Source: CVDaily Feed

LOGAN – Engineering professors at Utah State University recently received $5.8 million in Nuclear Energy Research Grants. Most will go toward research of accident-tolerant nuclear fuels, but $800,000 of that will be put to work done by Mechanical and Aerospace Engineering professor Barton Smith.

Smith, who will work closely with Texas A&M professor Mark Kimber, will be focused on advancing computer models that predict what happens to reactors in an accident scenario.

Smith said he will take the computer code and perform experiments to verify how closely it represents reality. The focus will be on electrically-powered compressors that drive gas through the reactors. He will be studying where the generated heat will go if power to the compressors is suddenly lost.

“If all of a sudden the flow shuts down, the heat doesn’t have anywhere to go,” he said. “That is what the simulations are aimed at, and it is very critical they are accurate up to the first few minutes of this event. If they’re not you can end up with a very bad answer as to what is going to happen, either one that underestimates or overestimates the severity of the accident.”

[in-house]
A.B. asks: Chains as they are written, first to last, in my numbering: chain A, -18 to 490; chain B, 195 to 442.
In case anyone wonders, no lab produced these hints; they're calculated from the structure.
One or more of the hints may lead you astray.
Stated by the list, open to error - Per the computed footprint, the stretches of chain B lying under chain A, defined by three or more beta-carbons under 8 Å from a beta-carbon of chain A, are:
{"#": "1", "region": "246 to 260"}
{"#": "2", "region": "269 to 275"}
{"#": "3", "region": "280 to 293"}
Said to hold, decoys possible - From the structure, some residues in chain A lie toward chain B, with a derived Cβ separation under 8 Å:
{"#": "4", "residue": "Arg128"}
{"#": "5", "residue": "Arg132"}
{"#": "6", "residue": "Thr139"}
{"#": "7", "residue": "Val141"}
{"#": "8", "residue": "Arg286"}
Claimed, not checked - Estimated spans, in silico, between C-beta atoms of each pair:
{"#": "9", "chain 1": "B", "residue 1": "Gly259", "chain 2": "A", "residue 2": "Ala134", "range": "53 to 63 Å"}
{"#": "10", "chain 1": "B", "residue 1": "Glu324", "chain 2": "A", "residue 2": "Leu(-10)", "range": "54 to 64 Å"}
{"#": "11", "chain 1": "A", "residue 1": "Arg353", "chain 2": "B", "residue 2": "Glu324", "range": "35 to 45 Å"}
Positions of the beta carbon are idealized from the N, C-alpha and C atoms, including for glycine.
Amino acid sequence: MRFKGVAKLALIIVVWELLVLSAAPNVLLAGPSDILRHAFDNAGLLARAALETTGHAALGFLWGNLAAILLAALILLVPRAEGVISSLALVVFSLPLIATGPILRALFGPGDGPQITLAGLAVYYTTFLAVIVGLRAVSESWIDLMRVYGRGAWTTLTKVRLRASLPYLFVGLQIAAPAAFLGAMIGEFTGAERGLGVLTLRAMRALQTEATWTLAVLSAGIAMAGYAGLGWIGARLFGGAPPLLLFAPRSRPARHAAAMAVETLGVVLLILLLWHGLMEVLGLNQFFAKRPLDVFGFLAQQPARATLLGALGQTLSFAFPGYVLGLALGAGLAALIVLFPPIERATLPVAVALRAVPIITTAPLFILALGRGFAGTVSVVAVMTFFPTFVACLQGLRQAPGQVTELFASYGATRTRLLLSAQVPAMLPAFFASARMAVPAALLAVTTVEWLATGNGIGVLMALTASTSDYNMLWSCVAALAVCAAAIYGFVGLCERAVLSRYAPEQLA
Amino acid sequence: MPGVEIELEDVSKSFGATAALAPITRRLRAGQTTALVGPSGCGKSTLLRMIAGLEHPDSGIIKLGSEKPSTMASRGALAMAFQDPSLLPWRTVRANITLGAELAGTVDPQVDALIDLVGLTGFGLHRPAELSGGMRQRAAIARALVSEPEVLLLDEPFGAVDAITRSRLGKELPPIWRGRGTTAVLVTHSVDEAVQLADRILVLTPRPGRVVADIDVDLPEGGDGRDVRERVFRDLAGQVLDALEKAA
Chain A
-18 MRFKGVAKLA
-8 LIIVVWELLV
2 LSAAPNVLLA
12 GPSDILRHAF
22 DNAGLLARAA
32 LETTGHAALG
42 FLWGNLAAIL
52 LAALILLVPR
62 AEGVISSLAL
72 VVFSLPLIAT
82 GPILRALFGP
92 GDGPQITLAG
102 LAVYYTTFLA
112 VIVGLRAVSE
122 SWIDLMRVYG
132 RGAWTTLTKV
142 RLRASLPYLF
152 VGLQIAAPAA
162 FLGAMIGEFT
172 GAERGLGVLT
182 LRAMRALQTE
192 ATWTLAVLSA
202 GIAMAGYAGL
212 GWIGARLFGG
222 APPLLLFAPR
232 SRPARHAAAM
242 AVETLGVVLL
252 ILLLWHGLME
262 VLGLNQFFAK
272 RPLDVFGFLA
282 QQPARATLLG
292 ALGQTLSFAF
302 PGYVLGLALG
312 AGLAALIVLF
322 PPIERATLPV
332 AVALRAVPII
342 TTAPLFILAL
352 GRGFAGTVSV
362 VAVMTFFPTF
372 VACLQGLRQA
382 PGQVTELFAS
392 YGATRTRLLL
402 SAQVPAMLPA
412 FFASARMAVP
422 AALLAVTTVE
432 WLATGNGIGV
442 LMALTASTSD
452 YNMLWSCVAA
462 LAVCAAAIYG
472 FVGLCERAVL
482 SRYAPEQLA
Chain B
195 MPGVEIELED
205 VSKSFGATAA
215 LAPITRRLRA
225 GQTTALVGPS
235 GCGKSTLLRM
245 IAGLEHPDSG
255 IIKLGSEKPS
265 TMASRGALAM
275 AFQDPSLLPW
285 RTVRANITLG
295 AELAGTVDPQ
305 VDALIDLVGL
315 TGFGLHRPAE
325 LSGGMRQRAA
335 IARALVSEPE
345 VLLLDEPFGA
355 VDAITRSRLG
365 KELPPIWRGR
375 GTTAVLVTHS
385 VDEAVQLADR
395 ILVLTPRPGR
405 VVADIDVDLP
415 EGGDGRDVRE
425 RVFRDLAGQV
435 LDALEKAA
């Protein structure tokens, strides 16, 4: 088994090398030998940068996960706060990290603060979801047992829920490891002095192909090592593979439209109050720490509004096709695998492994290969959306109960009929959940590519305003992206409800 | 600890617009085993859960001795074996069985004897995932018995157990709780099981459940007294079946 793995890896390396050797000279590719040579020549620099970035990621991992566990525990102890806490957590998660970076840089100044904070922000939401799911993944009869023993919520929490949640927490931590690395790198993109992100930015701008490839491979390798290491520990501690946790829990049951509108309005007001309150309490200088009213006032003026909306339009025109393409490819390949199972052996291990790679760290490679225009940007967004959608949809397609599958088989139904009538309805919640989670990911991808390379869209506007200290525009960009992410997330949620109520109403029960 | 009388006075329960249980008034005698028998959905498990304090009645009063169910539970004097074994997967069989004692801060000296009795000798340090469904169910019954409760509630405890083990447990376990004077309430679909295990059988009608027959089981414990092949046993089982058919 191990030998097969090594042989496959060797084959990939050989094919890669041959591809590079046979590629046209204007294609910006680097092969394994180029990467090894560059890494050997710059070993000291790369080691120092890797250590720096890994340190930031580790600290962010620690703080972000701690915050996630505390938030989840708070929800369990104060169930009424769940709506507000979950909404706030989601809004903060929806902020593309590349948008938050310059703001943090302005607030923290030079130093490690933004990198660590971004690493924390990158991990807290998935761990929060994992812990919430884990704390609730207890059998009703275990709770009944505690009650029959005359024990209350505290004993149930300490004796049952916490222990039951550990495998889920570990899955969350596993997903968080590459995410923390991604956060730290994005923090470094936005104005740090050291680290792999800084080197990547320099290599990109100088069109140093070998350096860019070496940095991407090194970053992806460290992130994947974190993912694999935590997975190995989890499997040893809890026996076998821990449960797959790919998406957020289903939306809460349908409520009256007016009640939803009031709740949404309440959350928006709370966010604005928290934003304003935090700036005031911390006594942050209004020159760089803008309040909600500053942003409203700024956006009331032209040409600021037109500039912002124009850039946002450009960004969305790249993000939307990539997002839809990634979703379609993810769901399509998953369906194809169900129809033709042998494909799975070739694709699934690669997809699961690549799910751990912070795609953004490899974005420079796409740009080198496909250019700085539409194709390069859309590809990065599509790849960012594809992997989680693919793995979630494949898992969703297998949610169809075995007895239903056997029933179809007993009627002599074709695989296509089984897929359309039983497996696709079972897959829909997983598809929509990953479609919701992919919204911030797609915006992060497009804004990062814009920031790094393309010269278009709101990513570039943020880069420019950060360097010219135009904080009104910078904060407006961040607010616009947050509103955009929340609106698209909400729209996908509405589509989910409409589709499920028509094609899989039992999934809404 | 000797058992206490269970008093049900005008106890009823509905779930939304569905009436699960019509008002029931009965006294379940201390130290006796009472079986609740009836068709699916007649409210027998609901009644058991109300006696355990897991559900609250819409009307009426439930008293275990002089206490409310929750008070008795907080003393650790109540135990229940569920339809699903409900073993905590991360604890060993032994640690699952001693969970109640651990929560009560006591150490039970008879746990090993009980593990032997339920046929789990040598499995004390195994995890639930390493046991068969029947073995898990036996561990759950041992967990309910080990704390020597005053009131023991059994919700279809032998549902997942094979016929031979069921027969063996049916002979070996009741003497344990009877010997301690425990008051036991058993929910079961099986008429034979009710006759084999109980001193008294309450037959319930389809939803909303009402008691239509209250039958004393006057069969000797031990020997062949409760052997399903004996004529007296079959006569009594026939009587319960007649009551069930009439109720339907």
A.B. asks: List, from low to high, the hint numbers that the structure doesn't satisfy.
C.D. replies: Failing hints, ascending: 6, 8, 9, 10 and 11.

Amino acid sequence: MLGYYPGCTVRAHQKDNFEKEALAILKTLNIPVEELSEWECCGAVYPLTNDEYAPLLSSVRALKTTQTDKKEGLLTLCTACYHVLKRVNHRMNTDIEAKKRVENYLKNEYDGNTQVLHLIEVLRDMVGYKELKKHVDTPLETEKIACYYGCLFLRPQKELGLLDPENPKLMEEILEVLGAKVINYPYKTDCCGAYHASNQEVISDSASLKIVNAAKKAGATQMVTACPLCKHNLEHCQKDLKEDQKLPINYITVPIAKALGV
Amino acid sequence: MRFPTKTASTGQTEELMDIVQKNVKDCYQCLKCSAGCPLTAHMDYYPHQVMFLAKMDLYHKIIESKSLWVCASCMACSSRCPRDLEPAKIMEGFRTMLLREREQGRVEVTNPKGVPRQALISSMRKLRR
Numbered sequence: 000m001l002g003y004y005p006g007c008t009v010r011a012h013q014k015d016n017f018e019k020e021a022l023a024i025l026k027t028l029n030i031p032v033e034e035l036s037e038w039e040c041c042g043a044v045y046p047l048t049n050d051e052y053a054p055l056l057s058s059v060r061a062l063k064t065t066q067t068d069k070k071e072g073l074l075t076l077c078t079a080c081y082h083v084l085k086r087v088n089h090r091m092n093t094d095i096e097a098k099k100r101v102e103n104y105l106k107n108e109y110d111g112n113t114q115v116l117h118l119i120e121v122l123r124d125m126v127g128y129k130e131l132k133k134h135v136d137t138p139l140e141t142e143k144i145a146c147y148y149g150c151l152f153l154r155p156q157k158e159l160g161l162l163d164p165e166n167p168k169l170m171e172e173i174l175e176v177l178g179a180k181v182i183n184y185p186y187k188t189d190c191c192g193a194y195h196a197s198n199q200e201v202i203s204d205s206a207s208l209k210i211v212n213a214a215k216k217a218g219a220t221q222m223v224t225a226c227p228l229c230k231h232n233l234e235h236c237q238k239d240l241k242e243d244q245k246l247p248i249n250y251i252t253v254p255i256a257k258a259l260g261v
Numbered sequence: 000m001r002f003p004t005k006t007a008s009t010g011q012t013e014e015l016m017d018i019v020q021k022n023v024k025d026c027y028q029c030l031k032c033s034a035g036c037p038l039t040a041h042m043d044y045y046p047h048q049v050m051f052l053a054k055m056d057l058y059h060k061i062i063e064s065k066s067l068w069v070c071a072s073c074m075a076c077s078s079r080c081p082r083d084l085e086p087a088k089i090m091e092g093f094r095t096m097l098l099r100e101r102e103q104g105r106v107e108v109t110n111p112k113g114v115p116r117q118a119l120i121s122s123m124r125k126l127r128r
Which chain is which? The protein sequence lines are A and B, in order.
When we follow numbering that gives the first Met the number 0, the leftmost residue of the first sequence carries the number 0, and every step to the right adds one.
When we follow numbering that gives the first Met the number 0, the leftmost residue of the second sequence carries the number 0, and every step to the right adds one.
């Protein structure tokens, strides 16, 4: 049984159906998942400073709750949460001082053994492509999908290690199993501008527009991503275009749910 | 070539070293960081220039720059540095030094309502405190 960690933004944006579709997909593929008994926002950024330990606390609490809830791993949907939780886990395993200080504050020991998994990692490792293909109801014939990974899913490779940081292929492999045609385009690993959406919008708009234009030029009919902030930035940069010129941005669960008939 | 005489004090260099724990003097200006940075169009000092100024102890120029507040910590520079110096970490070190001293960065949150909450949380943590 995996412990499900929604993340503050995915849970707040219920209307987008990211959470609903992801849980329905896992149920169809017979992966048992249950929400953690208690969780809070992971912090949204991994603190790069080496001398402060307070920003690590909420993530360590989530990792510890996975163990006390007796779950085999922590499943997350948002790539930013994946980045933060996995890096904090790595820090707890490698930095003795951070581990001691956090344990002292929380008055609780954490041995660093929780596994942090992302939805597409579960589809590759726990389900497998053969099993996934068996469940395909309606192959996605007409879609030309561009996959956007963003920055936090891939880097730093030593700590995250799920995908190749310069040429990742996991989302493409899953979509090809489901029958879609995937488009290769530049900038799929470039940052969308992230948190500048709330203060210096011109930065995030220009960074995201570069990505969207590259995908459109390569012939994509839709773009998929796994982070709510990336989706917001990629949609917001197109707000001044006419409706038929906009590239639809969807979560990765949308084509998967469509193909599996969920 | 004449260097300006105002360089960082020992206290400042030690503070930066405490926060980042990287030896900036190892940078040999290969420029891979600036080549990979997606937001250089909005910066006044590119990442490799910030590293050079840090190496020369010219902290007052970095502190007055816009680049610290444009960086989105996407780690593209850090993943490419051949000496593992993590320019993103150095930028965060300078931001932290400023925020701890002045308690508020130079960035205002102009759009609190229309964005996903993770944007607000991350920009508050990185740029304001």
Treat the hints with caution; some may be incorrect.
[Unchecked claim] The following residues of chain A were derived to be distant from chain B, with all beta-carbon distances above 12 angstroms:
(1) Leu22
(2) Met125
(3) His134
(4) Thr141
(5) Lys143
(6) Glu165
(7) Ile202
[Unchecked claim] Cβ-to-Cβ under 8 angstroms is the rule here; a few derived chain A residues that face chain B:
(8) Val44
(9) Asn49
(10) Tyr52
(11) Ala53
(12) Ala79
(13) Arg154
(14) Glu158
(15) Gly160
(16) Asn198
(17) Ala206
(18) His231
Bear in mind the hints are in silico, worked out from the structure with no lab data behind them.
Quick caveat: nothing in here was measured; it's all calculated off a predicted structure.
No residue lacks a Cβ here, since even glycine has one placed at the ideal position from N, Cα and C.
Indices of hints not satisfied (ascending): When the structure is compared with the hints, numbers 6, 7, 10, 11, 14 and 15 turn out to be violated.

Smith said he nuclear reactors to be studied aren’t the water-cooled reactors found in the United States today, but rather gas reactors that most likely won’t be found commercially for another 20 years.

“This work is aimed at a new generation called gas reactors, and they will be very different in how they work,” he said. “One of the advantages of gas reactors over the old-style water reactors is they can be much hotter and because they are hotter you can do things with them other than make electricity. You can separate oxygen from hydrogen. If you want to have a hydrogen car that’s where you get the hydrogen.”

The work is expected to last three years. Smith said using computer models to do the testing is much less expensive than how things used to done.

“The way that people used to do what I’m doing is they would build a nuclear reactor and they would punch holes in it and measure everything,” he said. “For reasons, probably obvious, we don’t like doing that anymore. That’s why they do these tests like the one I’m doing, a little bit smaller and don’t involve any nuclear fuel.”